‘Privacy by Design’ is not just for companies
NOTE: This column is written for The Daily of the University of Washington, and was originally published HERE.
We live in the age of massive data breaches. From Yahoo compromising all its users to Equifax compromising the data of nearly half the country, our recent past is littered with examples of entire systems failing us. But security and privacy work upward from the user and downward from the systems. As responsible as companies need to be, we, as student consumers, ought to be aware of the information we give out and how we “design” our privacy as well.
A relatively new paradigm called “Privacy by Design” offers companies a few rules of thumb to ensure security. Deloitte, a large audit, consultating, advisory, and tax service firm, defines Privacy by Design as “a framework based on proactively embedding privacy into the design and operation of IT systems, networked infrastructure, and business practices.” With principles like “leading with privacy as the default setting” and “maintain visibility and transparency,” the framework pushes companies and providers to aim for more secure systems.
Unfortunately, experts are unsure to what extent this can be achieved, given the current state of affairs, and whether even that achievement will improve things.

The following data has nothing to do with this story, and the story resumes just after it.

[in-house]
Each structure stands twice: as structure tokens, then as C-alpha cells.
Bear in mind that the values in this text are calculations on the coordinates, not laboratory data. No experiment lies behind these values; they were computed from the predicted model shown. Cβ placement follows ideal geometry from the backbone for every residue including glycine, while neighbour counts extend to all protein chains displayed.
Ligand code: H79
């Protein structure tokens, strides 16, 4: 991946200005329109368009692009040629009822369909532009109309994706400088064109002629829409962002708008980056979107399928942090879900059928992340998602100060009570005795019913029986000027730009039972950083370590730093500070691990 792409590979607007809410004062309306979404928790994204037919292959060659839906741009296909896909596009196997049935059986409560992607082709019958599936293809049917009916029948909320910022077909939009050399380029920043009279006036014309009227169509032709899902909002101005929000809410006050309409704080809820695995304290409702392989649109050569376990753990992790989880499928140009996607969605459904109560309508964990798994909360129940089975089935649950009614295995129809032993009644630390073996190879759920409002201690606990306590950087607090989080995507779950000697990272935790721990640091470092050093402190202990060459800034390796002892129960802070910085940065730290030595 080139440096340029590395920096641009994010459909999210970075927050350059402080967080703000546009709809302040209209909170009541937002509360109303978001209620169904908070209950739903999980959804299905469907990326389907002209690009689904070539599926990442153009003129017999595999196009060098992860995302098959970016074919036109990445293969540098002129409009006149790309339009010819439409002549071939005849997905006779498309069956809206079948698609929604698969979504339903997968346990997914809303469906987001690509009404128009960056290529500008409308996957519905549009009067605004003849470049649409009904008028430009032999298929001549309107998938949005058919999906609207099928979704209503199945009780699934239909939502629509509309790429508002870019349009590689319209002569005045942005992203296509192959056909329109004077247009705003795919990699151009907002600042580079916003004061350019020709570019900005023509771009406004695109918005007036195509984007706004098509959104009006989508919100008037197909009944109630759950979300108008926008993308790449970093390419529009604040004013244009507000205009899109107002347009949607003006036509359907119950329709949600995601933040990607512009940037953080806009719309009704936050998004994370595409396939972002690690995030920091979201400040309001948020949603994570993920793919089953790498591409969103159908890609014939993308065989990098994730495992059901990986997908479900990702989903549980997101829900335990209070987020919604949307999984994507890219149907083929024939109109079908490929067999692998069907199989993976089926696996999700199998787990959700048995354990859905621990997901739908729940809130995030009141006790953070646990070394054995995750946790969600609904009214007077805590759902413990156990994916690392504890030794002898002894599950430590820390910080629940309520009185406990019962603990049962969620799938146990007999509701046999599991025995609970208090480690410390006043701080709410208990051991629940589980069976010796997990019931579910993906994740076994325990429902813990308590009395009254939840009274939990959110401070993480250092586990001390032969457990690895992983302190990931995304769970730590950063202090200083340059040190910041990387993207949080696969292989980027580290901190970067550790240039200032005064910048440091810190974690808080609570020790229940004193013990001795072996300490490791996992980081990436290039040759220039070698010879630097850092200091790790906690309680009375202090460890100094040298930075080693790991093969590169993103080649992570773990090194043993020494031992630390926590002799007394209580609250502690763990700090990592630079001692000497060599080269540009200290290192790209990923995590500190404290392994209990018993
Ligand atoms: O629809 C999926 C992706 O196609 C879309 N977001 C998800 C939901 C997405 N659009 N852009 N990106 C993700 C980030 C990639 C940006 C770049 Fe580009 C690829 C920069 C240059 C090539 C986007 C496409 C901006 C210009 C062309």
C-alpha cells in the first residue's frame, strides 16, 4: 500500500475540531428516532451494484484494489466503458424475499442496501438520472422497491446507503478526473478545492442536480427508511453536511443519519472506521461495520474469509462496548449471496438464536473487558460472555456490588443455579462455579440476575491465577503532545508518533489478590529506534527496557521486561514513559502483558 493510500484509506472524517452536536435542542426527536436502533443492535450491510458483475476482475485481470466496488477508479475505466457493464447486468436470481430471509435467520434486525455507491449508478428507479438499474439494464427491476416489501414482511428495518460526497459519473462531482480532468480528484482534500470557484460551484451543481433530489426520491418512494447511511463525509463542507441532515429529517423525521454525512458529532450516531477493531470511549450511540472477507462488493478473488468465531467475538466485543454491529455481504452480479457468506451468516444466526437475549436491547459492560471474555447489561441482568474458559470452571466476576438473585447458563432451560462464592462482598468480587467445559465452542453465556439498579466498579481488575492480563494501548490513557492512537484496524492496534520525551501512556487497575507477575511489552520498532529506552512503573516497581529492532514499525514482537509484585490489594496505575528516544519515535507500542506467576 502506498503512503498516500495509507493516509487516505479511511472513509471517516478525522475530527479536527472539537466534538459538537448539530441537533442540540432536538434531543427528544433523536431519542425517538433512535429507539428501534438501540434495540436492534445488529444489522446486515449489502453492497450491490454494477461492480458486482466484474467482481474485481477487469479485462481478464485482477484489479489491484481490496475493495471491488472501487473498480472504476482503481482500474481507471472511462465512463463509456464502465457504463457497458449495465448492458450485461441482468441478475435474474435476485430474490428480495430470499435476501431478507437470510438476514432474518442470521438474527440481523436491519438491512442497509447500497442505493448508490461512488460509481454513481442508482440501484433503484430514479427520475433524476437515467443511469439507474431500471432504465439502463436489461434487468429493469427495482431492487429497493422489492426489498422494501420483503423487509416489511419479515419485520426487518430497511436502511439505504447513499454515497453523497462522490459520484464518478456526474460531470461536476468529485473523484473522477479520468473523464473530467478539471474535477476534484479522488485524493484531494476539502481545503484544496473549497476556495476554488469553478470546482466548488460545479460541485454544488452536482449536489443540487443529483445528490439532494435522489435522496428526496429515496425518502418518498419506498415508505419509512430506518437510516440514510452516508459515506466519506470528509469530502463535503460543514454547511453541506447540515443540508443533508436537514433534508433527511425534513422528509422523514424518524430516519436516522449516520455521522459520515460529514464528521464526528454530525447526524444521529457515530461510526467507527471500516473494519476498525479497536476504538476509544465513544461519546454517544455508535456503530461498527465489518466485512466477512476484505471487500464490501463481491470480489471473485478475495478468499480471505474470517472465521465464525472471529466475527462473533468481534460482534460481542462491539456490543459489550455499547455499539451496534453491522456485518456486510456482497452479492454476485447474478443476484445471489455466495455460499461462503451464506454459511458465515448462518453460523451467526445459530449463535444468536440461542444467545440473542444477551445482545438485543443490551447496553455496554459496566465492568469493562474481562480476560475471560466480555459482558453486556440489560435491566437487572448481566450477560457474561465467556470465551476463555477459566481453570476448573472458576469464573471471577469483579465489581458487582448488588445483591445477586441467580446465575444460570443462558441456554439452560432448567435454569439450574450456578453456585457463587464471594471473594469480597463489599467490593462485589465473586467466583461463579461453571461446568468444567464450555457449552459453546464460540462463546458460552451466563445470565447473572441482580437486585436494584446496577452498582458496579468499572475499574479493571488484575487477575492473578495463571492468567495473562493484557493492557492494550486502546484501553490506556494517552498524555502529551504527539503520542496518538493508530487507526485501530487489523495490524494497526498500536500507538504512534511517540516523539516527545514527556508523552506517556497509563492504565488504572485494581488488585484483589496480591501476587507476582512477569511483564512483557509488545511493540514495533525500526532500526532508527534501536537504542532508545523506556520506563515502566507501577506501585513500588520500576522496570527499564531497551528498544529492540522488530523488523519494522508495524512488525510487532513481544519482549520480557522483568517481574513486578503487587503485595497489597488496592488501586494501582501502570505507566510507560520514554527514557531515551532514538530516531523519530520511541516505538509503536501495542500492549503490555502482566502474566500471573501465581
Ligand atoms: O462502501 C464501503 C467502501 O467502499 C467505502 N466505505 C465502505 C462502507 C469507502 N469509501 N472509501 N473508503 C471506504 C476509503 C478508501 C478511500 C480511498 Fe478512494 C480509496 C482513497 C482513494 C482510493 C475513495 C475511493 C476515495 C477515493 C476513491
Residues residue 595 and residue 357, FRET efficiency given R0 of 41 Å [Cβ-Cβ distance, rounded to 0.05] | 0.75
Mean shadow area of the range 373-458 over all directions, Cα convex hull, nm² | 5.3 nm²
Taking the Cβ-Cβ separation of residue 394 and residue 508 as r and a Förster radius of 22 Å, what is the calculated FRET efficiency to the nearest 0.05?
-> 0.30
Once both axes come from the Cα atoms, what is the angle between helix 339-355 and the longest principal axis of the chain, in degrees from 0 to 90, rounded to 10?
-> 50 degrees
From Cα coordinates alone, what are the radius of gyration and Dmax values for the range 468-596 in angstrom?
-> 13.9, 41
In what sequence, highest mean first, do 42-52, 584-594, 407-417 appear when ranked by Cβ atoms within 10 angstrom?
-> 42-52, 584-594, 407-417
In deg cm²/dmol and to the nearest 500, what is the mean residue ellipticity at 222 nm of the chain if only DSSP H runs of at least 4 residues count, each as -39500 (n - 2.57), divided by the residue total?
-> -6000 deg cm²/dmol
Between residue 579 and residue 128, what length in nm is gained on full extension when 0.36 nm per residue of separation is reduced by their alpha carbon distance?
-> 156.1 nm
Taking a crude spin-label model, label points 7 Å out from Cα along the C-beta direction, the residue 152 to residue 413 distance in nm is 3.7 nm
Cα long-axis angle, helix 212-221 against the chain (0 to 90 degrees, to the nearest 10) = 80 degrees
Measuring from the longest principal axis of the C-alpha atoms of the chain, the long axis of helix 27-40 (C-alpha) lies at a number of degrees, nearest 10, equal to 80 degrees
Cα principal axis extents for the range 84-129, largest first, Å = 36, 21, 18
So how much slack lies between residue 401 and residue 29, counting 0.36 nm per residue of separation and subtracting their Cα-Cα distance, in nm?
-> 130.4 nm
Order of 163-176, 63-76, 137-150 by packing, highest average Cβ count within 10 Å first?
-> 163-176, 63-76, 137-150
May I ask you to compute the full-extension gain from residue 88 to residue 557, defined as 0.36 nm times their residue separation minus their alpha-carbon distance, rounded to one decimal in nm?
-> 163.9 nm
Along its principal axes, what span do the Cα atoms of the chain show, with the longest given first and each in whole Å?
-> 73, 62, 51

“I could argue that there is no app that has no vulnerabilities,” said Barbara Endicott-Popovsky, executive director at the Center for Information Assurance and Cybersecurity and lead instructor for the Certificate in Information Security & Risk Management at the UW. “The underlying technology for the internet is insecure as designed.”
She said this is because the internet’s current Transmission Control Protocol/Internet Protocol (TCP/IP) protocols were initially built for a trusted network of academics and military personnel. Endicott-Popovsky asserted that even when the internet started growing in the ’90s, people “lacked the imagination” to understand the consequences of the underlying technology when applied to a global network with criminals and state-sponsored actors.
Further, the regulations underlying security and privacy are different in different countries.
“We don’t live in Europe, we live in America,” said Annie Searle, lecturer at the UW iSchool and principal of ASA Risk Consultants. “What data is protected vociferously in Europe is not protected here.”
It doesn’t help that regulations are always behind the times and that hostile actors are always one step ahead. This means that even if Privacy by Design was magically implemented tomorrow on every app around the world, the vulnerabilities would stay.
In addition to existing threats and regulatory inertia, the rise of the Internet of Things (IoT) is an additional cause for concern. The IoT essentially consists of a network of connected devices with electronics and Wi-Fi embedded into all of them. As it is, we have phones, watches, laptops, and tablets connected to the internet. It’s also fridges, thermostats, cars, coffee makers, cameras, VR headsets, remotes, and other everyday devices that are increasingly connected to the internet. Many of these are insecure. Last October’s massive internet outage was caused by security vulnerabilities in IoT devices like closed-circuit TV cameras, DVRs, and routers.